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  CIT -vs- Ramala Sahkari Chini Mills Ltd.

Sec. 28 of the Income-tax Act, 1961

[2005]  2011 TPI 867  (Allahabad)

CIT-vs.- Ramala Sahkari Chini Mills Ltd.


24 March 2005


The Income-tax Appellate Tribunal, New Delhi, has referred the following question of law under section 256(2) of the Income-tax Act, 1961, hereinafter referred to as "the Act", for opinion to this court:

"Whether, on the facts and in the circumstances of the case, the Income-tax Appellate Tribunal, was legally correct to delete the addition of Rs. 4,32,685 holding that the Revenue has failed to prove that these deposits were in the nature of revenue receipts?" The present reference relates to the assessment year 1981-82.

Briefly stated the facts giving rise to the present reference are as follows:

The respondent-assessee has been assessed to income-tax in the status of an association of persons. The previous year relevant for the assessment year in question ended on June 30, 1980. The respondent-assessee is a cooperative sugar mill. It has obtained a loan of Rs. 80,00,000 from the Industrial Credit and Investment Corporation of India Ltd., hereinafter referred to as "the ICICI". It had entered into a mortgage deed with the ICICI, according to which, it undertook to collect non-refundable deposits from the growers members at a minimum rate of Rs. 7.50 per tonne of sugarcane supplied by them. These deposits were not to bear any interest. As per clauses 41, 42, 43 and 44 of the bye-laws of the respondent-assessee as approved by the U.P. Government, the said deposits were finally to be converted into the shares of the respondent-assessee in the names of their respective members and in case after the issue of shares as per clause 28(kha) of the bye-laws there remained any surplus the same had to be refunded to the parties concerned. During the assessment year in question the respondent had received a sum of Rs. 4,32,685 from the cane growers on account of the loss equalisation fund as per details mentioned above, which was shown in the balance-sheet as non-refundable deposit. The Assessing Officer, however, held that this was a revenue receipt and consequentially he added a sum of Rs. 4,32,685 in the total income of the respondent-assessee. Feeling aggrieved, the respondent-assessee preferred an appeal before the Commissioner of Income-tax (Appeals), who had called for a report vide order dated June 26, 1986, and pursuant thereto the Assessing Officer submitted his report dated November 12, 1986. The Income-tax Officer has mentioned in the report that no shares had been allotted till November 10, 1986, and hence these non-refundable deposits were rightly taken as the income of the respondent-assessee. 'The Commissioner of Income-tax (Appeals), however, came to the conclusion that the amounts realised by the respondent-assessee at the instance of the directions of the Government could not constitute income of the respondent-assessee merely because the amounts had not been utilised so far. The Revenue feeling aggrieved preferred an appeal before the Tribunal. The Tribunal has held that the onus was on the Revenue to prove that a particular receipt partook of the character of a trading or revenue receipt and further mere nomenclature of a particular deposit was not determinative or decisive of the character of that deposit. The Tribunal took into consideration the fact that only for the assessment year in question the deposits received from the cane-growers had been termed as "non-refundable deposits" and that for subsequent years these deposits were shown as "unsecured loans". It was further noted by the Tribunal that as the loans of the U.P. Government had not been paid in full, the amounts deducted from the cane-growers had neither been converted into share capital nor paid to them in cash. In was of the view that the mere fact that these deposits had not been converted into shares by the respondent-assessee till November 10, 1986, would not alter or change the character of the deposits and the explanation regarding the non-conversion was plausible. The Tribunal, accordingly, upheld the order of the Commissioner of Income-tax (Appeals).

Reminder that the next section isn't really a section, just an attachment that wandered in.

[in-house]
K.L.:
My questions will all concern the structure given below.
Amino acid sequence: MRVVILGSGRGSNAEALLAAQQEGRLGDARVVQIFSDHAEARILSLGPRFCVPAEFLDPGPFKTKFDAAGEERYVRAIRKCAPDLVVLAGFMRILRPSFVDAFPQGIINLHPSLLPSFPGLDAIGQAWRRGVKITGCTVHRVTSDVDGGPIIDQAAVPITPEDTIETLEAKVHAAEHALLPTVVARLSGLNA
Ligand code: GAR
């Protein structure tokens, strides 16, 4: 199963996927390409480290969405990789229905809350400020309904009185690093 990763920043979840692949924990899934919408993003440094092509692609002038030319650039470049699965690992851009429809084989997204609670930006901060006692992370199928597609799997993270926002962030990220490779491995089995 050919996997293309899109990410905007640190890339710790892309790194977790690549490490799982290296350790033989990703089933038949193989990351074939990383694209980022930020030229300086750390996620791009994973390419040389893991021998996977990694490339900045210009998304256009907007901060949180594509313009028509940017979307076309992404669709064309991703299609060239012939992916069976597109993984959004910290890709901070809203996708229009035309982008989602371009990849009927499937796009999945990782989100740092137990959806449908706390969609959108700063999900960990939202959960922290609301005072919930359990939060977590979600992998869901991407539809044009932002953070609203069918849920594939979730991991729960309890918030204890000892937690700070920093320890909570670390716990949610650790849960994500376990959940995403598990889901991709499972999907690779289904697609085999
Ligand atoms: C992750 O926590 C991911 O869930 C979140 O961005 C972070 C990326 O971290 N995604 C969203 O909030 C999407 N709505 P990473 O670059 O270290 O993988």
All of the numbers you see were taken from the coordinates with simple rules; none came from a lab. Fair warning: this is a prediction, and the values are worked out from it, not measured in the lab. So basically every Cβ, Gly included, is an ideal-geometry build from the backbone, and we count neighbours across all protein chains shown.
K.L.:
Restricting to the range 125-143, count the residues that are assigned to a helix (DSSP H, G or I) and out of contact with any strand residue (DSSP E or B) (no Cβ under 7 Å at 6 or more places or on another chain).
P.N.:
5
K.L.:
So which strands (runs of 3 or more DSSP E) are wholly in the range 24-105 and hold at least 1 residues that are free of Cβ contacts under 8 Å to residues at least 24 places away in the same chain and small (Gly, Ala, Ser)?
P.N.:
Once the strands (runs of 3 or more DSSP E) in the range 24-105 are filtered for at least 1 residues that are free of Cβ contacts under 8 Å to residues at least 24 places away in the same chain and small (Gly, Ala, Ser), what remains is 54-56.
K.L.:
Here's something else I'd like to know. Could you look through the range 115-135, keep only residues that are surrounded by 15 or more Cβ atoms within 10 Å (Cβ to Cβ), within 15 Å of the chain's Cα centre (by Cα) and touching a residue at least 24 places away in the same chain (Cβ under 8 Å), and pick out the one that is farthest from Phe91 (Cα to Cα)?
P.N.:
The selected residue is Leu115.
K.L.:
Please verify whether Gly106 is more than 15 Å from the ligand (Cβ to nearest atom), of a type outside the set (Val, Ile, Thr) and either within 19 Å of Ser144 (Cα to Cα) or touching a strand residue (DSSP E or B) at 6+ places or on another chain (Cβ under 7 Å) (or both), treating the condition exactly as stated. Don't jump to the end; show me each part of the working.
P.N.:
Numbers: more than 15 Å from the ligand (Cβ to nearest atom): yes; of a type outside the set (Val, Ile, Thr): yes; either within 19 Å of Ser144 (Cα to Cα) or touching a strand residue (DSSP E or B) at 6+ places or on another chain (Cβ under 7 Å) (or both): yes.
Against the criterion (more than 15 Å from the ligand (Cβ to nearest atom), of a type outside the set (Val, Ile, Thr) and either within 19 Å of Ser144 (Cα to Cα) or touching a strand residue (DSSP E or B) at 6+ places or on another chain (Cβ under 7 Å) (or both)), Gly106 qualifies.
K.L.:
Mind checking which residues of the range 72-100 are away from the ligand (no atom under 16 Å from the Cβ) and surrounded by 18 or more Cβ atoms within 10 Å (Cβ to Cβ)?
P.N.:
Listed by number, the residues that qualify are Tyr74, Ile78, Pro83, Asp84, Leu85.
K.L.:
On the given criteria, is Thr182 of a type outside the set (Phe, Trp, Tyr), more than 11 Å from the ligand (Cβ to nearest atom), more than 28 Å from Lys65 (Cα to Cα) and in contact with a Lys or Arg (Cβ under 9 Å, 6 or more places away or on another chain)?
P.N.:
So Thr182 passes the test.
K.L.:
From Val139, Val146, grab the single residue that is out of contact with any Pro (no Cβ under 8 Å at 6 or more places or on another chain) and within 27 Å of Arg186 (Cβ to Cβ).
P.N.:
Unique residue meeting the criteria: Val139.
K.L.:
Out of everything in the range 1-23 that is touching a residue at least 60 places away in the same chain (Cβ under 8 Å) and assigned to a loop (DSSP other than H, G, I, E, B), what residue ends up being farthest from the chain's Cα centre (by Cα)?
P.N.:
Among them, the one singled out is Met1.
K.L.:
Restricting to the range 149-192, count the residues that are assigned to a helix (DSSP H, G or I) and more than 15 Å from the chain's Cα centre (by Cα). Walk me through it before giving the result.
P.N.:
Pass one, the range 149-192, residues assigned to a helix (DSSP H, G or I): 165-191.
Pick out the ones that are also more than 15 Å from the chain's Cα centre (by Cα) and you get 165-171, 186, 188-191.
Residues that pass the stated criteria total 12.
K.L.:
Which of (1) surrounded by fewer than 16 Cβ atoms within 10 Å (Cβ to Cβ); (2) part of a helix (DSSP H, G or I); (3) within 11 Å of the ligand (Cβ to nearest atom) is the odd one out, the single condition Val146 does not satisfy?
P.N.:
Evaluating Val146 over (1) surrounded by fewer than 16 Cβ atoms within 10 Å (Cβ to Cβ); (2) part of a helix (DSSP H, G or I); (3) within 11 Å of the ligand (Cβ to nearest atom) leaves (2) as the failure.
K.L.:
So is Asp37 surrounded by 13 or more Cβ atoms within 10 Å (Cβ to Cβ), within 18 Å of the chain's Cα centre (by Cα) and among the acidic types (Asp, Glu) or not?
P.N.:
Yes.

We have heard Sri Shambhoo Chopra, learned standing counsel for the Revenue, and Sri Amitabh Agrawal, holding brief for Sri P.K. Jain, learned counsel appearing for the respondent-assessee.

From the narration of the facts as found by the authorities including the Tribunal, it is absolutely clear that the amount of Rs. 7.50 per tonne of sugarcane, collected by the respondent-assessee from its member-cane growers, was towards deposit in terms of clauses 41 to 44 of the bye-laws and was to be adjusted on conversion into shares. The excess amount was to be refunded. Thus, it was a clear case of collection of amount towards issuance of shares in future and cannot by any stretch of imagination be termed as trading receipts. The apex court in the case of Siddheshwar Sahakari Sakhar Karkhana Ltd. v. CIT [2004] 270 ITR 1 , in somewhat similar circumstances has held that the deposits taken from members do not partake of the nature of trading receipts.

Respectfully following the aforesaid decision, we answer the question referred to us in the affirmative, i.e., in favour of the assessee and against the Revenue. However, there shall be no order as to costs.